Renowned comics writer Grant Morrison has found a lot to like in the transfer from page-to-screen of his Eisner Award-winning All-Star Superman, the critically-acclaimed, hot-selling new entry in the ongoing series of DC Universe Animated Original Movies available now from Warner Premiere, DC Entertainment, Warner Bros. Animation and Warner Home Video.
In All-Star Superman, the Man of Steel rescues an ill-fated mission to the Sun (sabotaged by Lex Luthor) and, in the process, is oversaturated by radiation – which accelerates his cell degeneration. Sensing even he will be unable to cheat death, Superman ventures into new realms – finally revealing his secret to Lois, confronting Lex Luthor’s perspective of humanity, and attempting to ensure Earth’s safety before his own impending end with one final, selfless act.
Morrison had a few moments to chat from his home in Scotland last week about the all-new film based on his landmark comics series, and the late Dwayne McDuffie’s impressive job in re-imagining Morrison’s words into animated glory. Here’s what Mr. Morrison had to say …
Question: Did you have, and did you want, creative input into the script?
Grant Morrison: Once I knew someone else was going to do it, I kind of wanted to let it happen and not interfere. I’m always excited to see how others translate things from page to screen. I didn’t even know Dwayne (McDuffie) was involved at first, but I’m so glad he did it. I was happy to see what the story might look like from someone else’s perspective and he did a fantastic job.
Question: Overall, how did you feel your story translated from page to screen?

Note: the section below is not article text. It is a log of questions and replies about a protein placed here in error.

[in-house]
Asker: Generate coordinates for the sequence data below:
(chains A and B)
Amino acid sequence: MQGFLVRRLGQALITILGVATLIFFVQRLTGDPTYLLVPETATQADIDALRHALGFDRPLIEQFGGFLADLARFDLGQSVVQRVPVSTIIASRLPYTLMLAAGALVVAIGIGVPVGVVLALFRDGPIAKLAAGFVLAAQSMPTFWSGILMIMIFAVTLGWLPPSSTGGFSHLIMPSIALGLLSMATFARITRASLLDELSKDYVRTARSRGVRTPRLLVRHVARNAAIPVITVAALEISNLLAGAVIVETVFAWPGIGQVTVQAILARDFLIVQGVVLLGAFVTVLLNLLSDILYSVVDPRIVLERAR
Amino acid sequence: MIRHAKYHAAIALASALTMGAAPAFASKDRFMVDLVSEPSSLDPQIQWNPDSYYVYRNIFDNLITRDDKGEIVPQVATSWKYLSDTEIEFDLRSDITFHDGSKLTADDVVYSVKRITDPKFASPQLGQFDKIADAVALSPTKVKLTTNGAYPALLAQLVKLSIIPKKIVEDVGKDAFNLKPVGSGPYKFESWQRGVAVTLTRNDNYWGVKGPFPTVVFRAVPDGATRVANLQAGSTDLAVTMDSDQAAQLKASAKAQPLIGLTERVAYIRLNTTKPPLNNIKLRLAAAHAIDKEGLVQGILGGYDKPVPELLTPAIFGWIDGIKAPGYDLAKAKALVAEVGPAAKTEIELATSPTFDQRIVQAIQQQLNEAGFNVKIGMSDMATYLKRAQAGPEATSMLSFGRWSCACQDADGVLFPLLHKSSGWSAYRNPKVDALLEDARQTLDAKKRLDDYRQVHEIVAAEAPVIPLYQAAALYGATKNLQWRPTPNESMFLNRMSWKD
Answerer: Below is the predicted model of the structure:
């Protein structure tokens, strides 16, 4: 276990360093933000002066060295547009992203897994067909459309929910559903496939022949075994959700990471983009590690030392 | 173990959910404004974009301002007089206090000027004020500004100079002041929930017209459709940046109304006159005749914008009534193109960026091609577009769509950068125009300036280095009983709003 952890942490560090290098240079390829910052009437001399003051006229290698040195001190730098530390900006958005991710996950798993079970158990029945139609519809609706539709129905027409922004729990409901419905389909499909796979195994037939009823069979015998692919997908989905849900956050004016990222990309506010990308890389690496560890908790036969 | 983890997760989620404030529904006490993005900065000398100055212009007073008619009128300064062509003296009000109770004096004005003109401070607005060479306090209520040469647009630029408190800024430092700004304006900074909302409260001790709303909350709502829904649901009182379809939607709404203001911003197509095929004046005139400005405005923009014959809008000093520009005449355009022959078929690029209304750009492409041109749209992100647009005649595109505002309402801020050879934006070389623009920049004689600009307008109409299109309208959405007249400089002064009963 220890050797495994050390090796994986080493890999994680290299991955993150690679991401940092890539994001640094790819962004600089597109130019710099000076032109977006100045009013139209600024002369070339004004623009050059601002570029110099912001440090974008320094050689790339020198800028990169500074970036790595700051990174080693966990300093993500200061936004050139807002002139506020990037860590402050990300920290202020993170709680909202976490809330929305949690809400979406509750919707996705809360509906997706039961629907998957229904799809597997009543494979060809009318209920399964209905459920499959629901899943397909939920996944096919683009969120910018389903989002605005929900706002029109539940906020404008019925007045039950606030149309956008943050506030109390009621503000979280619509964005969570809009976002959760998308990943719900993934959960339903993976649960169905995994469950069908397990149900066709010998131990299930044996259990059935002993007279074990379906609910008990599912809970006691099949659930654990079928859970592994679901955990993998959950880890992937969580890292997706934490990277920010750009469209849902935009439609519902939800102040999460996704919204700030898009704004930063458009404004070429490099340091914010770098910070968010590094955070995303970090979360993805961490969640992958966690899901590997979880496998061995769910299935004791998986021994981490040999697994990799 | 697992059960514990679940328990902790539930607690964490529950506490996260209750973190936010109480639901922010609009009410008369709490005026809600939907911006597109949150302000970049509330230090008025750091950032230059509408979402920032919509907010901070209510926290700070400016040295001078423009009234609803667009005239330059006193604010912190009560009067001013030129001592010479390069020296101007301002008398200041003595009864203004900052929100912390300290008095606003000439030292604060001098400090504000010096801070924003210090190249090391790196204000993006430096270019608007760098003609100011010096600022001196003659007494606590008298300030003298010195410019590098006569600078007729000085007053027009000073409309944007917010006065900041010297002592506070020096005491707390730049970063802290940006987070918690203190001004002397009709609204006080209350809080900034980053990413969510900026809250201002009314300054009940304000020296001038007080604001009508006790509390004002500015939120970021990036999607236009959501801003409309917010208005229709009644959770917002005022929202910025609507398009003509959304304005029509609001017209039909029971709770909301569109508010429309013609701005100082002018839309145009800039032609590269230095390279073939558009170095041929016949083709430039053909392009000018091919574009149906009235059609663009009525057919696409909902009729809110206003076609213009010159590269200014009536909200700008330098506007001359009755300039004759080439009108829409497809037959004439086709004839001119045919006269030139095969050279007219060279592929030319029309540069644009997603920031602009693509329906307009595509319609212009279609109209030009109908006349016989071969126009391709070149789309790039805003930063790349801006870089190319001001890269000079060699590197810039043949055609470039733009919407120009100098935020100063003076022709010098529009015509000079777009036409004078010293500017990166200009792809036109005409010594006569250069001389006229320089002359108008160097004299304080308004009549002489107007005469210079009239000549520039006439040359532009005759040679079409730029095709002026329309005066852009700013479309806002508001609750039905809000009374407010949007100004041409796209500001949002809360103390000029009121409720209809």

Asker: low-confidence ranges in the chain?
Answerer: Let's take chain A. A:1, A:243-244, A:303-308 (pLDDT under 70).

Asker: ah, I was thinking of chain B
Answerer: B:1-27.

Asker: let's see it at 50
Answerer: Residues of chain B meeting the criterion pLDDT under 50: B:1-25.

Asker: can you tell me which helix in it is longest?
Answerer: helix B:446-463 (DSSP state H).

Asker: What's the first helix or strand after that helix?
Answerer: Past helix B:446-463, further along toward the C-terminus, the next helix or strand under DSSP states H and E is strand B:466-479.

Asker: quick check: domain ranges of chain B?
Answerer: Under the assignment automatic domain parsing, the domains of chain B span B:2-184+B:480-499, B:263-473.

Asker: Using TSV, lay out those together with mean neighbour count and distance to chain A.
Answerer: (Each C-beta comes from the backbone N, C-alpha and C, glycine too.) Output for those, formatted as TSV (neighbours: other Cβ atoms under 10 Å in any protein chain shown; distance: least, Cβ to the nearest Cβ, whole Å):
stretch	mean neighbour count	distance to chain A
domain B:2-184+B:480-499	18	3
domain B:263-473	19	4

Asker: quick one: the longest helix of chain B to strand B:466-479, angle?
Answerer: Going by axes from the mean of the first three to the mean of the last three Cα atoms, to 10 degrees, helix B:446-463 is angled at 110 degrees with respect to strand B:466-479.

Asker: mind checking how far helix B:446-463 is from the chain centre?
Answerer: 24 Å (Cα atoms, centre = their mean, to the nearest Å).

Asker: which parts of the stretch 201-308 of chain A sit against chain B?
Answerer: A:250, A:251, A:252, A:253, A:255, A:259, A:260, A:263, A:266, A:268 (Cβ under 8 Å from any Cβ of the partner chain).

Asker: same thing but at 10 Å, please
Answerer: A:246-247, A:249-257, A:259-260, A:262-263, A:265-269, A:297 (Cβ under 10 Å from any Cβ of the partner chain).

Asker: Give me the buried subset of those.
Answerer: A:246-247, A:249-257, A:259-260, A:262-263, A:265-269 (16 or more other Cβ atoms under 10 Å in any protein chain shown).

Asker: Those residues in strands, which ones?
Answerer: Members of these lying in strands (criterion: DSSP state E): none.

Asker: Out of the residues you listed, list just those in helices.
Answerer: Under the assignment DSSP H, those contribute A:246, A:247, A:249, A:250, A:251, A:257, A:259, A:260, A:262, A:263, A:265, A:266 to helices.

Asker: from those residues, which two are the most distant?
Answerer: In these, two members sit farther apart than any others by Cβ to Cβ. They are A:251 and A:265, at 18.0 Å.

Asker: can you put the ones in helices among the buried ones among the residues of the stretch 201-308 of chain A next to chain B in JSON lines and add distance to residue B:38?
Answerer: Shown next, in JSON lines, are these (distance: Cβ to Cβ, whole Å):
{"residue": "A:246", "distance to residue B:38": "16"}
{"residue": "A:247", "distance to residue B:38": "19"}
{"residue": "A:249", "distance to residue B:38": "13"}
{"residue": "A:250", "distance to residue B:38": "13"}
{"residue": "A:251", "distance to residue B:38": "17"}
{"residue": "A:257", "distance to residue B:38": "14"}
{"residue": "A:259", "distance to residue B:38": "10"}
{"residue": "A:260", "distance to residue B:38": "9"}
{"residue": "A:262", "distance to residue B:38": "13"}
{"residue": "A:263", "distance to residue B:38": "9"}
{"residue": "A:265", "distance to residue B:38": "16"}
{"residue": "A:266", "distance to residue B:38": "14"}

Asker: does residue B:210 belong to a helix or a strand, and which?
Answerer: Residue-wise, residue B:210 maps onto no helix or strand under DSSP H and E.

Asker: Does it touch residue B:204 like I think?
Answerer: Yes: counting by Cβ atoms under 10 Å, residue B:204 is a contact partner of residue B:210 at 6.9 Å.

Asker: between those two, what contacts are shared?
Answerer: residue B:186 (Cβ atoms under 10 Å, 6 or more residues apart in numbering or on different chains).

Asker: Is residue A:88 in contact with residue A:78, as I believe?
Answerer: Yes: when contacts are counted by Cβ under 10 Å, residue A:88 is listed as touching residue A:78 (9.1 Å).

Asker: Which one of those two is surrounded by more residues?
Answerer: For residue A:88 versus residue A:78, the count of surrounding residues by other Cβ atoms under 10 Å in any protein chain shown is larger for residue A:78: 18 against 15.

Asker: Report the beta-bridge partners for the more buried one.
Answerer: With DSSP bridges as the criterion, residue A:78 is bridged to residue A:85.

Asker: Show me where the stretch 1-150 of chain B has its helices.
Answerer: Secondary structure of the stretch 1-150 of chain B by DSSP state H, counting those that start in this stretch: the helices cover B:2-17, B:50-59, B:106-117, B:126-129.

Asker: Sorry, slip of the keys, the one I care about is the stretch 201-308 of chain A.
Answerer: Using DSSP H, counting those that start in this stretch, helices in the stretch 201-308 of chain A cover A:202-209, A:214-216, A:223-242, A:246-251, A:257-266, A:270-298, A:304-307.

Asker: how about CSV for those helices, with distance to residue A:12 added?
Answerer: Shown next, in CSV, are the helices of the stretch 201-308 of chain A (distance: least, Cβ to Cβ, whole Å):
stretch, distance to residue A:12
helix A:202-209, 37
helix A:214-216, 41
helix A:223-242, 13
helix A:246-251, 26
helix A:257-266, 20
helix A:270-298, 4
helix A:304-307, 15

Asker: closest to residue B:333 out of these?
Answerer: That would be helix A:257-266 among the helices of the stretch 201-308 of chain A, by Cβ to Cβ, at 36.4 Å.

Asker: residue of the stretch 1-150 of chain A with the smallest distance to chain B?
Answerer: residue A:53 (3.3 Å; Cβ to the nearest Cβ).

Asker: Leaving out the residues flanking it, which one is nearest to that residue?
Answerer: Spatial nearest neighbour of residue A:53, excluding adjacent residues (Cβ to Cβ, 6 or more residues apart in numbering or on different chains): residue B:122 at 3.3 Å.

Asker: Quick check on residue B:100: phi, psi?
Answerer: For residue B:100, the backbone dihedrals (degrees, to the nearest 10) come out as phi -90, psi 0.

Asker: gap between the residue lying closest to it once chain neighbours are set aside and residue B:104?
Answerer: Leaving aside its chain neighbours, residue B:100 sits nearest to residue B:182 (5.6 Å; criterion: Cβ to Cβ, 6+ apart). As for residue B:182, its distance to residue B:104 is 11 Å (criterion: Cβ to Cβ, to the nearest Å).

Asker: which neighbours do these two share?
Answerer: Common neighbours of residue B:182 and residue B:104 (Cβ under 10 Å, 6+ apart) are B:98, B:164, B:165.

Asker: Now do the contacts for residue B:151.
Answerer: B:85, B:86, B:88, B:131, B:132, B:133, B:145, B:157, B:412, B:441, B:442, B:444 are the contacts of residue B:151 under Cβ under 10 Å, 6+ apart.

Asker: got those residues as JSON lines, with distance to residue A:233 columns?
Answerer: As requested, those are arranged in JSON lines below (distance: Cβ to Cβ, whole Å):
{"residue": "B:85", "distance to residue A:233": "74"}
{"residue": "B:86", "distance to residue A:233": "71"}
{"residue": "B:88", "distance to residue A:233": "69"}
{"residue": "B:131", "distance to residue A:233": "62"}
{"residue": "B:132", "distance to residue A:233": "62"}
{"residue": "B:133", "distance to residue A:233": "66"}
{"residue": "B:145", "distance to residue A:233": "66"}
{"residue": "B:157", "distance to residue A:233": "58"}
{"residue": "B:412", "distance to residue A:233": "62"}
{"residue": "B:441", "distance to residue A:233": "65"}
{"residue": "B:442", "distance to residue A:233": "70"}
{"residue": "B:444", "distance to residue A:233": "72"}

Grant Morrison: I really loved it, which was why I wound up raving about it on so many of the DVD extras! Dwayne worked in a staggering amount of story, and he was able to give it this wonderful, strange episodic flavor where it seemed as if every day could bring some incredible and unexpected new challenge into Superman’s life. I didn’t really expect half of the material from the book to be in there, and loved the way it was organized and edited because it made the whole thing a very different experience for me.
Question: Were you disappointed that anything was cut out?
Grant Morrison: You’re always a little disappointed when some favorite detail doesn’t make the cut, but what did make it was so well-done and faithful to the source that I can’t really say I was upset. It’s a long book that could easily make a six-hour movie, so I’m amazed “All-Star” incorporated as much of the story as it did, more than anything else.
Question: Were you particularly pleased with the way certain things were condensed?
Grant Morrison: It was impressive that Dwayne was able to condense entire issues of 22 to 24 pages into tight, satisfying eight- or ten-minute complete scenes. To take a whole issue and make it into an episode that felt complete in itself inside a larger narrative was ingenious and was a great way to translate the book’s serial structure into a feature film. I hope Dwayne knew how much I appreciated his work on this.
Question: Are you a fan of animation?
Grant Morrison: I couldn’t say I’m a giant animation fan, but I love the obvious stuff from around the world. I always liked the Fleischer animation, the Superman cartoons and the old features they did. I’m not a major animation fan but I do think the good stuff in any field stands the test of time.
Question: Which of your stories do you think would best translate to animation next?
Grant Morrison: I don’t really think of the stories being done as films. When I’m writing them, I’m focused on what makes a good comic rather than a potential movie. Having said that, seeing All-Star Superman left me quite keen to see some more! I think it would be fun to see what they could do with “Final Crisis” or one of the Batman stories, like “Batman R.I.P.” in that dark Bruce Timm style. I’d love to see something done with “Doom Patrol” or “Seven Soldiers.” Go for it.